Hulu keeps bringing in the fans, even without Sarah Palin
After jumping to become the sixth most viewed online U.S. video site in October, Hulu managed to keep its spot in November despite not having the benefit of a Sarah Palin/Tina Fey boost from Saturday Night Live.
Hulu is the new star of the rapid growth of online video as a mainstream media in U.S. New comScore data shows more than 77 percent of all U.S. Internet users watched online video.
YouTube is, of course, the most watched video site by quite a stretch, with more than 12 billion videos watched. Fox Interactive Media (mostly MySpace) stands at No.2 with 439 million; Viacom Digital has 325 million and Yahoo next with 304 million. Microsoft had 296 million.
Hulu had 227 million videos viewed and maintained its highest position even though several commentators had expected Hulu’s boost would fade after the election. It’s also interesting because unlike YouTube, Hulu has managed to populate most of its mix of TV shows and old movies with advertising. This may be annoying to some online viewers but it is widely admired in the digital advertising world.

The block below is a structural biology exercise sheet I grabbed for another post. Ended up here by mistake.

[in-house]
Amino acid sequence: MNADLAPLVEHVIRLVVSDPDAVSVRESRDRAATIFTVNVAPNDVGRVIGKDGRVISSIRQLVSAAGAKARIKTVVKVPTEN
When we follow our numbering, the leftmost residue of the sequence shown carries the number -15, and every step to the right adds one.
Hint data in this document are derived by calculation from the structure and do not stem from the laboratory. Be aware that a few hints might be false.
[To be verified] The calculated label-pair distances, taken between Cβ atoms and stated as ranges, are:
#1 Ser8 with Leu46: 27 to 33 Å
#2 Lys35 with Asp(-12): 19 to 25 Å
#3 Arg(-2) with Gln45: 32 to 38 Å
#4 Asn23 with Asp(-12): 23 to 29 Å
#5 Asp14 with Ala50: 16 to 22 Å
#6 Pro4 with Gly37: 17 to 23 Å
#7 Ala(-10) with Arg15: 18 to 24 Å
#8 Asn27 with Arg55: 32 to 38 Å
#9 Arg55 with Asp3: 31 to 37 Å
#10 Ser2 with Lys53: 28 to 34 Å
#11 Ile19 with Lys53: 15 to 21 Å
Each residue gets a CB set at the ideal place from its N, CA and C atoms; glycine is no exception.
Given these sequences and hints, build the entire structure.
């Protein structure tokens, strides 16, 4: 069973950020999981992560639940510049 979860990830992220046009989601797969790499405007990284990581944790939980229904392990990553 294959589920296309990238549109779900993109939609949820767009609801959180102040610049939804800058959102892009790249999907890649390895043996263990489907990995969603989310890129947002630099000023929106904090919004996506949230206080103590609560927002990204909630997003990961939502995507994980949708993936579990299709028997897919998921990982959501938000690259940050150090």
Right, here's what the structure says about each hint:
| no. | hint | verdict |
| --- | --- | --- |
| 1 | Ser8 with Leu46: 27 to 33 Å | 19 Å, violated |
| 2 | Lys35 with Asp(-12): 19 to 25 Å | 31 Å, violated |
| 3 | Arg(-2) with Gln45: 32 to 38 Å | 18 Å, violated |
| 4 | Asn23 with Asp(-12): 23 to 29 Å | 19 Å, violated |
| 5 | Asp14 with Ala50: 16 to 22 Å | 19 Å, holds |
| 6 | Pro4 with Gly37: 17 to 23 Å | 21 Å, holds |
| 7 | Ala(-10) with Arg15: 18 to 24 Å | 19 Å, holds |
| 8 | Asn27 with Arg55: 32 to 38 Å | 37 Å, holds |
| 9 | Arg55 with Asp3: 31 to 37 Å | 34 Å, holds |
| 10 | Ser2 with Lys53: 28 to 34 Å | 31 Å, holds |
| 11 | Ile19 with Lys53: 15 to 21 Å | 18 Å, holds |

The slick site, owned by News Corp and NBC Universal, keeps winning friends and fans across the board. The New York TImes on Sunday, for instance, professed its love thus:
On Hulu, you can also watch full-screen, in nice, rolling high-resolution. After years of watching YouTube, I thought I had stopped caring about glamorous presentation. But man: the neatness and elegance of Hulu — where you can watch hundreds of whole shows from NBC, Fox and other networks, as well as movie and news clips — is so relaxing.
Total U.S. – Home/Work/University Locations
Source: comScore Video Metrix
Property Videos Share (%) of
Total Internet 12,677,063 100.0
Google Sites 5,107,302 40.3
Fox Interactive Media 439,091 3.5
Viacom Digital 324,903 2.6
Yahoo! Sites 304,331 2.4
Microsoft Sites 296,285 2.3
Hulu 226,540 1.8
Turner Network 214,709 1.7
Disney Online 137,165 1.1
AOL LLC 115,306 0.9
ESPN 95,622 0.8
*Rankings based on video content sites; excludes video server networks. Online video includes both streaming and progressive download video.